I was interested to read about a study published recently which charted the vast number of sick days taken off in Australia due to hangovers. A study published in Medical Journal of Australia found that 2.6 million ‘sickies’ were taken in 2001 because of booze. The estimated cost to employers is some 473 million Australian dollars ($370 M US, 280 M euros, �£190 M) per annum. It seems that there’s a very real price to pay for having one or two too many.
What I found interesting about this study is that it challenged the stereotypical image of hangover sufferers as hard-drinking. Actually, the bulk of sick days were taken by what are classed as ‘light’ or ‘moderate’ drinkers. The authors of the study suggest that this is because there are more moderate than big drinkers out there. This is plausible, of course. but there’s another explanation too. One reason that individuals may not drink much is because, quite simply, they can’t. Some people do not tolerate alcohol well, and can find themselves getting hung-over without pushing the boat out much at all.
Seeing that many of us will be deep into the festive season, I thought I’d dedicate today’s blog to some simple strategies that can be used to protect ourselves from the thick head and general grogginess that can come after some social drinking.
One way to reduce the toxic shock alcohol can induce in the body is to name our poison with some care. Some alcoholic beverages such as port, brandy and cheap red wine tend to be loaded with substances called ‘congeners’ that are believed to contribute to hangovers. Quality wines will be relatively free of these congeners. As far as beer goes, it may pay to opt for German varieties such as Holsten and Becks: the lacing of these beers with potentially toxic additives is strictly verboten. Of the spirits, vodka’s pure nature makes it generally the best choice for those seeking to minimise the chances of a hangover.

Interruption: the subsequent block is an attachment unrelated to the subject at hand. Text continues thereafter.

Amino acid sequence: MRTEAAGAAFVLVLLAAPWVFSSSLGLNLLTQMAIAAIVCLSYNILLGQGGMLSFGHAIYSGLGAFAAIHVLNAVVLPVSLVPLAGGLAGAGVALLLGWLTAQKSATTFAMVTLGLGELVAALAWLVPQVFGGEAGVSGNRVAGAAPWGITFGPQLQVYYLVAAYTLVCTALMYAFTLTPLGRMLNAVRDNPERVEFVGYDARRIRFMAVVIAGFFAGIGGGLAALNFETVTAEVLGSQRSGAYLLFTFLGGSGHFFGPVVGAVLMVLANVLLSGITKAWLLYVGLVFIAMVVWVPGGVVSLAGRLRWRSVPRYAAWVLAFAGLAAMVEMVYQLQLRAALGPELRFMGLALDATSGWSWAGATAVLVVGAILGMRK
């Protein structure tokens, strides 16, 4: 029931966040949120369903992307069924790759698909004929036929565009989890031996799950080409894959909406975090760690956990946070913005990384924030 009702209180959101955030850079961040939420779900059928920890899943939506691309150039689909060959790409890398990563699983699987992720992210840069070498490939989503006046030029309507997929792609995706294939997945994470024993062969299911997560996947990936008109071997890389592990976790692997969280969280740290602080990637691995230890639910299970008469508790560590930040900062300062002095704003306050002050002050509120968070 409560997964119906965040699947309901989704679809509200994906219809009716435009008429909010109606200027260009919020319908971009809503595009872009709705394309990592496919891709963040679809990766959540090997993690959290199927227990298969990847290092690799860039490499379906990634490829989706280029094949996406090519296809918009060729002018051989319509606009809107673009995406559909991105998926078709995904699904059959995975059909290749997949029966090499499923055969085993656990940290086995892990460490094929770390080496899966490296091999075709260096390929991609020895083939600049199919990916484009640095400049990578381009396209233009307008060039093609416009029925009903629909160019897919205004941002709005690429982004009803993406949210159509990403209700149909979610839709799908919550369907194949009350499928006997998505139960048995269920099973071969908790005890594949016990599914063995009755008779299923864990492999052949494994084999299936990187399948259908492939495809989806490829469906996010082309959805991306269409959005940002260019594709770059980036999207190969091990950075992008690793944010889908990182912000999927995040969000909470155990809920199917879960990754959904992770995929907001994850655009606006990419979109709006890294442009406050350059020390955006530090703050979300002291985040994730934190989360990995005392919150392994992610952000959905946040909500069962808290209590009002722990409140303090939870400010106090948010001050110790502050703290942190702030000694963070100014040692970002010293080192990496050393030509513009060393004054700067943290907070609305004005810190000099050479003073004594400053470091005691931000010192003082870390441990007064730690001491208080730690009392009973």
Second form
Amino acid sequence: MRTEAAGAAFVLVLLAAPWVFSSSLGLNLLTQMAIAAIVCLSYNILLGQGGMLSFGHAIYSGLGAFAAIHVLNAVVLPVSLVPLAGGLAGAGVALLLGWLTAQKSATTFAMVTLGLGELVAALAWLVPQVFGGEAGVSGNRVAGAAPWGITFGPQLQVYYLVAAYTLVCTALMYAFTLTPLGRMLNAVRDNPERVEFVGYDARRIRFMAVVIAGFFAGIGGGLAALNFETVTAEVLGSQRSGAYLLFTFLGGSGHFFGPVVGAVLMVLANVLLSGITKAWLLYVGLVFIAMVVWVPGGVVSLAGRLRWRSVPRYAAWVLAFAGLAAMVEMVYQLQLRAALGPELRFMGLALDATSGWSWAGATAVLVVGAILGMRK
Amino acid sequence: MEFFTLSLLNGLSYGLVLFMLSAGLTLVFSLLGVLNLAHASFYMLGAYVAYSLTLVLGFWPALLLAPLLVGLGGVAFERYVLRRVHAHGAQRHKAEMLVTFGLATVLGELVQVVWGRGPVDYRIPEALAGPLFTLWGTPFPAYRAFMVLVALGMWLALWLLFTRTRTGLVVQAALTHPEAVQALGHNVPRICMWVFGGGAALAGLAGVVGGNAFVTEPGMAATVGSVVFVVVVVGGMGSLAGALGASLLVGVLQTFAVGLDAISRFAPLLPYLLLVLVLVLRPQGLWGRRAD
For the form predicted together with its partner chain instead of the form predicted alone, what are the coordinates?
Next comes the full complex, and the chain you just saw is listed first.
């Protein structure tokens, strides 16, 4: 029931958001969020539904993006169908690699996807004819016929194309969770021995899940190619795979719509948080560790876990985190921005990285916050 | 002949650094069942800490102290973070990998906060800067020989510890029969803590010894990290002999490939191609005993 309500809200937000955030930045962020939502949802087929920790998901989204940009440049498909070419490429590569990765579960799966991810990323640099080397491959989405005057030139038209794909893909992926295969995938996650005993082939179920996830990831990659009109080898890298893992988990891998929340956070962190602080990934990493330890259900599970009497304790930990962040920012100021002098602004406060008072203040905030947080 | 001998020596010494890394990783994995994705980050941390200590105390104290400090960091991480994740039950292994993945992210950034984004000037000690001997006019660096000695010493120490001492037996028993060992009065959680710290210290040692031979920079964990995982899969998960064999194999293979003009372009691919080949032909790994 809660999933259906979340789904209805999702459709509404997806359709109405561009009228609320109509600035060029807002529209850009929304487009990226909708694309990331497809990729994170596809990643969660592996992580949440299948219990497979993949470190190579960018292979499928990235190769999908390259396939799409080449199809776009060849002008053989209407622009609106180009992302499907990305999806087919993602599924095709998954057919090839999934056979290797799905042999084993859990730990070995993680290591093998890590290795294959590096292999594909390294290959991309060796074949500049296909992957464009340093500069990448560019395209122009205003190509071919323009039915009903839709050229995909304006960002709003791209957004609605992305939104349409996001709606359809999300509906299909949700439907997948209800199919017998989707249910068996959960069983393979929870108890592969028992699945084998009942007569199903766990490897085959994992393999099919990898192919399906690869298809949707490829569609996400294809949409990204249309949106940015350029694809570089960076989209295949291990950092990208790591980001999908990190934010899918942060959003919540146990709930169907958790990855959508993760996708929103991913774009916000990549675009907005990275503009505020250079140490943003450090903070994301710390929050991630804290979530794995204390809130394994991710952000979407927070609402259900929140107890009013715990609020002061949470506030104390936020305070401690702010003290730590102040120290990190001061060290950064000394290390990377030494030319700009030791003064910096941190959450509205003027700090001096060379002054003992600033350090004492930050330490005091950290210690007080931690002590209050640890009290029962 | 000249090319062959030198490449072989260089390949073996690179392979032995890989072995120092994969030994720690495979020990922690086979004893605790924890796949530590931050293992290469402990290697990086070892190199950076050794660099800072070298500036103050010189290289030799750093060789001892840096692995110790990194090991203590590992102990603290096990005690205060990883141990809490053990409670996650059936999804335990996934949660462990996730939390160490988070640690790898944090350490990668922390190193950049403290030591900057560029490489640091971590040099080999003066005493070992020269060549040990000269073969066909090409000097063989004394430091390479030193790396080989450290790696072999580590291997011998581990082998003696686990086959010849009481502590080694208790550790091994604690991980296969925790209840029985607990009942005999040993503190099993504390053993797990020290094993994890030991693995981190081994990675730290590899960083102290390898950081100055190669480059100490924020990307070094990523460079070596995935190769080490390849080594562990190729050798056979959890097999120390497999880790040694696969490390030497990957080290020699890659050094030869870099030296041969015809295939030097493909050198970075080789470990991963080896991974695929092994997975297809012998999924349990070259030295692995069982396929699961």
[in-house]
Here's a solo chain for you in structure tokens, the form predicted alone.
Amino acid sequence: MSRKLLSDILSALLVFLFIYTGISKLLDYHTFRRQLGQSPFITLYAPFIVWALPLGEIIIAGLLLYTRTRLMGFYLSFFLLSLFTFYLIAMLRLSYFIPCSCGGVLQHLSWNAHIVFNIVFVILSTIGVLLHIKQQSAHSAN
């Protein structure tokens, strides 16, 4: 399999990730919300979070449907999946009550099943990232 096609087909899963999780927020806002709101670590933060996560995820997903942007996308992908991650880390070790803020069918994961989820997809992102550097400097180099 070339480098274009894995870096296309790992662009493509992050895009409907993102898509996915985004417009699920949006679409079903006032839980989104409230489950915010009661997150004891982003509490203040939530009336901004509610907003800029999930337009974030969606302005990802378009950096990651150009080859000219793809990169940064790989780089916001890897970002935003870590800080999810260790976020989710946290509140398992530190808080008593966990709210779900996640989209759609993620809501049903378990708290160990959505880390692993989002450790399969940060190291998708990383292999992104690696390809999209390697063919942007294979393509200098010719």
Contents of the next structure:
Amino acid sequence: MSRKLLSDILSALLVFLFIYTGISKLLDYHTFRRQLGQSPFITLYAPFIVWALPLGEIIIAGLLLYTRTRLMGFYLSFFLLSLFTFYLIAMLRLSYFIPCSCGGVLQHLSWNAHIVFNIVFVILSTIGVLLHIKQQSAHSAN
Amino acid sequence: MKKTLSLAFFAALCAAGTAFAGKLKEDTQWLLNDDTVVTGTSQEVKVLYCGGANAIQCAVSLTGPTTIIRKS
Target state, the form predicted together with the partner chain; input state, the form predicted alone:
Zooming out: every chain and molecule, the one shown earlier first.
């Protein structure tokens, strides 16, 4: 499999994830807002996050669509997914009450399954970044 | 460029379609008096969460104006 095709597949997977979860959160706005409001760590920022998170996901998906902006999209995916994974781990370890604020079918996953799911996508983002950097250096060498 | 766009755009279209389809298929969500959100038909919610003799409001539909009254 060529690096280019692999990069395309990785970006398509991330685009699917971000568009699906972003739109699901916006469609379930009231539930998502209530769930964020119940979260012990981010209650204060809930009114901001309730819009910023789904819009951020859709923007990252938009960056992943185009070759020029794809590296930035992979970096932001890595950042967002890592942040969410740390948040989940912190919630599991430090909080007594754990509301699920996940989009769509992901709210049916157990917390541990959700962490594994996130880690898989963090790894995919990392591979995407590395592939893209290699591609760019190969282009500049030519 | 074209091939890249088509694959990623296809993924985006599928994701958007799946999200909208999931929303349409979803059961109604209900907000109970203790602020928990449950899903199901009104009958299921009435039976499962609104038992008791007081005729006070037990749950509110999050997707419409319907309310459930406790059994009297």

Matching each alcoholic drink with a glass of water is another prime tool for reducing internal toxicity as it helps to dilute alcohol and other toxins in the system, as well as speed their elimination from the body. Water also combats the dehydrating effects of alcohol. Those seeking a simple but effective way of diluting alcohol’s impact on the body should just add water.
Alcohol tends to cause quite brisk release of sugar into the bloodstream, though this can cause blood sugar levels to come crashing down some time later. Sugar lows can disrupt sleep and can contribute to the pounding head and feelings of fatigue that can come with a hangover. I recommend downing a fruit smoothie or perhaps some tomato juice before collapsing into bed as this may help maintain blood sugar levels throughout the night and aid restful sleep. More of the same in the morning may help to restore sugar levels and help with rehydration too.
Because alcohol and congeners are detoxified in the liver, another approach to preventing hangovers is to support this organ in its house-clearing duties. The herb Milk thistle (Silybum marianum) is renowned for its ability stimulate and protect the liver, and taking this even just a few hours before drinking can genuinely buy some grace. For those prone to hangovers, my advice would be to take Milk thistle from now right through the festive season. The active ingredient in Milk thistle is a group of compounds known collectively as ‘silymarin’. I recommend taking 500 mg of this each day.
In practice, I have found these simple tips are highly effective for allowing individuals to enjoy a drink without it causing serious impairment to their enjoyment the next day.